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Promethean - Gazing the Invisible CD (album) cover




Eclectic Prog

3.30 | 6 ratings

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Prog-Folk Team
4 stars A baker's dozen of stylistic influences and implementations can be discerned from the get-go on this debut by Promethean. The vocals of Timo Iivari recall his metallic origins blended with a slowed down Andy Latimer timbre. There are certainly brief moments of doom metal and even post metal in the mix. The rich strings convey a neo classical air as well as a sad Eastern European motif. The dancing flutes counterbalance the general sad mood with a celebratory Celtic quality while recalling both Camel and Tull among others. The lead guitars again conjure up both Latimer as well as Dave Gilmour, and I feel there are some 1980s alternative pop forays here and there as well. All is filtered through the darkness of winter above the Arctic Circle. Need I go on? Promethean can only be described as eclectic, and their debut is the poster child for this mishmash genre.

In less skilled hands, proponents of polymusic could come across as technical and efficient but utterly devoid of organics. But Promethean makes it work consistently by adjusting the blend from track to track and within tracks. They do so with a sense of the dramatic yet gracefully, and with uncanny melodic instinct. They also seem to have absorbed the music of the ages and the places into their very being. While each track has plenty to offer, their juxtaposition seems caring and adds to the overall value of this fine recording. The production is suitably cavernous, a big yet oddly compressed and intimate sound is achieved which suits the band.

The three tracks "Gazing", "The", and "Invisible" all display the best of the band's considerable arranging talent, and their strings and flutes are particularly prominent, with added heavy and some fuzzy guitars for greater rock impact. The melody on "Invisible" is simply astounding, carried both by strings and winds in turns. The bracketing of nature sounds accentuates the band's vision of music that integrates all aspects of human experience musically and otherwise.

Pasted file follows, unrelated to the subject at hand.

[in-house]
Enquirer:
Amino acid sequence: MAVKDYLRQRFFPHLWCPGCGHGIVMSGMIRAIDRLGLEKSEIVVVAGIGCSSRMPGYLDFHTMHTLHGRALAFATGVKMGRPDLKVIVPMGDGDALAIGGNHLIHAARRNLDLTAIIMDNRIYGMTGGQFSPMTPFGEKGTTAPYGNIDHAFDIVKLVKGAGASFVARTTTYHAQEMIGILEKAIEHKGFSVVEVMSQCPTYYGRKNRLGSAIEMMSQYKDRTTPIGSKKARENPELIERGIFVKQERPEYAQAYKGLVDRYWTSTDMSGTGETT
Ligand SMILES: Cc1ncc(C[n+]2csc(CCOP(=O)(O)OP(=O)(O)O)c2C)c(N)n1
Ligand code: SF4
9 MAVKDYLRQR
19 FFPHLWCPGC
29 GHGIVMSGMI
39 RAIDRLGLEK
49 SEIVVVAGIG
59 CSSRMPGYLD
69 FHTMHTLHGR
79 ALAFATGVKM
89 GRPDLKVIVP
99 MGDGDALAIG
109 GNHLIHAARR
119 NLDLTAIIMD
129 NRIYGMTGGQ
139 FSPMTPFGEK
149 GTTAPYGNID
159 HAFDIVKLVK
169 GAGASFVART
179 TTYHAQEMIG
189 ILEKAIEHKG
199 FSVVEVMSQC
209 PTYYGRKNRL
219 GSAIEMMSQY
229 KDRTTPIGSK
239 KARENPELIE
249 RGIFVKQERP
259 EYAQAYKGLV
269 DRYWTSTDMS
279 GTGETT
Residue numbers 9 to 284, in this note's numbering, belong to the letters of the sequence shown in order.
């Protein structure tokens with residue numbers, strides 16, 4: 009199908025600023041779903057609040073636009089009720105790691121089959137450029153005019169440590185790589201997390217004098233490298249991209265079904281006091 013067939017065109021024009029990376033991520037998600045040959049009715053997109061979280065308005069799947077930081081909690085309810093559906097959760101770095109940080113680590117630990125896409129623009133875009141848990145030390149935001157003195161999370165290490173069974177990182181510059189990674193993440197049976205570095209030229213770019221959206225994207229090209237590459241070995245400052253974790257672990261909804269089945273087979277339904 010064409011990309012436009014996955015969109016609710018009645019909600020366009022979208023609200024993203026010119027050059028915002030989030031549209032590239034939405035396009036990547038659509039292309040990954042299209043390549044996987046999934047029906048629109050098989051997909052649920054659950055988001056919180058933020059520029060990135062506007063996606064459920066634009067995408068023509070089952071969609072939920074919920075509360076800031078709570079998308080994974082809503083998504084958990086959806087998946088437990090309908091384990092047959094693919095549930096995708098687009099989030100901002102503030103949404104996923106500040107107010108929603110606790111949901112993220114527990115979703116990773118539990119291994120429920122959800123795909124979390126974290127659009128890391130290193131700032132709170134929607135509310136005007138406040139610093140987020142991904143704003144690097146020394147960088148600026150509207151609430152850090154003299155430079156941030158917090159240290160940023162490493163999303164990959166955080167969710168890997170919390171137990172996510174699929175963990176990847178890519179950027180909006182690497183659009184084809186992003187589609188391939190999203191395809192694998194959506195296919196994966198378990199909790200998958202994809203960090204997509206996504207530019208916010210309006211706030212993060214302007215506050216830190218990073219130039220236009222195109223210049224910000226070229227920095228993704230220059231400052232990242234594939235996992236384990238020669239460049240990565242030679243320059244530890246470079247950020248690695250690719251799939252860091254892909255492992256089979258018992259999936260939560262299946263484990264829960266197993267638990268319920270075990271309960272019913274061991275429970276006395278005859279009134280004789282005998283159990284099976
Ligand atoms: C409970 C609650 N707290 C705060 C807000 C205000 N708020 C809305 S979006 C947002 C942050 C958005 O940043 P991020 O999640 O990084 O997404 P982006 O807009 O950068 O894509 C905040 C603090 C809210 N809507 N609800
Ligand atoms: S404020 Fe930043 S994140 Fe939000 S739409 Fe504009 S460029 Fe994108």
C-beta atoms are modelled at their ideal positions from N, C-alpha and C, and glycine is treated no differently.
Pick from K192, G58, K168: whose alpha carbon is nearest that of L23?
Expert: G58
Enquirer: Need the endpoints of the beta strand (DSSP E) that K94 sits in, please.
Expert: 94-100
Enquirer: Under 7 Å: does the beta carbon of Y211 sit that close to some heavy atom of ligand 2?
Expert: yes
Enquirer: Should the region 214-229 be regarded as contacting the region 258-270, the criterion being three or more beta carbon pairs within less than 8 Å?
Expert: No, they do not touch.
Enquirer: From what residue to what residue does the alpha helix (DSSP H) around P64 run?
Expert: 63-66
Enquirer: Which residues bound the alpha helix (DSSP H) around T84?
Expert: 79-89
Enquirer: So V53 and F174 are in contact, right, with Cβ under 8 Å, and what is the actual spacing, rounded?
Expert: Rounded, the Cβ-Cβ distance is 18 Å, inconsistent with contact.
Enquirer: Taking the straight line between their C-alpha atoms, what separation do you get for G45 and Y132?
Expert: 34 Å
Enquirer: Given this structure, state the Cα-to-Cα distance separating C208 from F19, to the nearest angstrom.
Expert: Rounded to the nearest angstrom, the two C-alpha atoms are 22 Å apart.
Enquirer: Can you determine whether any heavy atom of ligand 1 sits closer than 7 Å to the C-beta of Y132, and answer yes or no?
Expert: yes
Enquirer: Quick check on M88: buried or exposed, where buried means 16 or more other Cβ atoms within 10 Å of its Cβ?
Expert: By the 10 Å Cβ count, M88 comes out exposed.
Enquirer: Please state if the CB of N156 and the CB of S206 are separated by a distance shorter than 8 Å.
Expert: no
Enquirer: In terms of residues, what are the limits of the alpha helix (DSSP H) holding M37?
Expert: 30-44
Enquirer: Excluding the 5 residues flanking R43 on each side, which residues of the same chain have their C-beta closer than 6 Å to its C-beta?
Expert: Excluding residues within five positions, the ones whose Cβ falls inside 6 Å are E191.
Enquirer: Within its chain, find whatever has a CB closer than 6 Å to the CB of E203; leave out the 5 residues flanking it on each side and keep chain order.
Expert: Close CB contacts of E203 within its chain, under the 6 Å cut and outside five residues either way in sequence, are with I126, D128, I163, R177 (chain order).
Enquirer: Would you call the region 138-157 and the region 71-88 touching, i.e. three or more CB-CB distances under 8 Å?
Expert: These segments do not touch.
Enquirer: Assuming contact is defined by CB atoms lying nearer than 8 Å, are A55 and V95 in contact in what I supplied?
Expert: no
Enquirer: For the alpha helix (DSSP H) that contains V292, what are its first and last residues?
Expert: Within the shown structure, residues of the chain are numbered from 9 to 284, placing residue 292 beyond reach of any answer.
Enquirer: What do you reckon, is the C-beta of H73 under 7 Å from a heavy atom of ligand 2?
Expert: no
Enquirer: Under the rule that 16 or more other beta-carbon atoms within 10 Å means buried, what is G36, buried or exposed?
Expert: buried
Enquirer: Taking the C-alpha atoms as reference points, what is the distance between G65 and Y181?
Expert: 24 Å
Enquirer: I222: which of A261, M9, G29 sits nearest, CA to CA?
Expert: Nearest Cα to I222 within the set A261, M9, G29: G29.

"Don't mind the Dancer" is a hypnotic song with Iivari's best vocal performance and synergy between the bottom heavy arrangement and the omnipresent flutes of Viljami Jauhiainen in the break. "All Blue is Beautiful" is characterized by disjointed spoken words and screeching synths with a more metallic backdrop. "The Kiss of all that Remains" is ambient with its gentle tribal percussion, sinewy flutes and meditative spoken voice as the band broadens its palate. This seems to have been a holdover from their previous incarnation which was already beginning to stretch out beyond metal.

The closer is the epic if you will, and while it contains interesting elements, the speaking voice is growing weary by now, and most themes have already been explored more concisely; in fact several of the themes are revisited verbatim underneath the dripping water motif. Again a case where the reach exceeds the grasp when it comes to longer tracks. The band had proved it could convey an epic atmosphere in 4 minutes over and over again, so why suddenly get long-winded?

Overall, this is a stunning debut by a band that should have had a lot more influence...instead the album remained largely unheard and invisible. Highly recommended.

kenethlevine | 4/5 |


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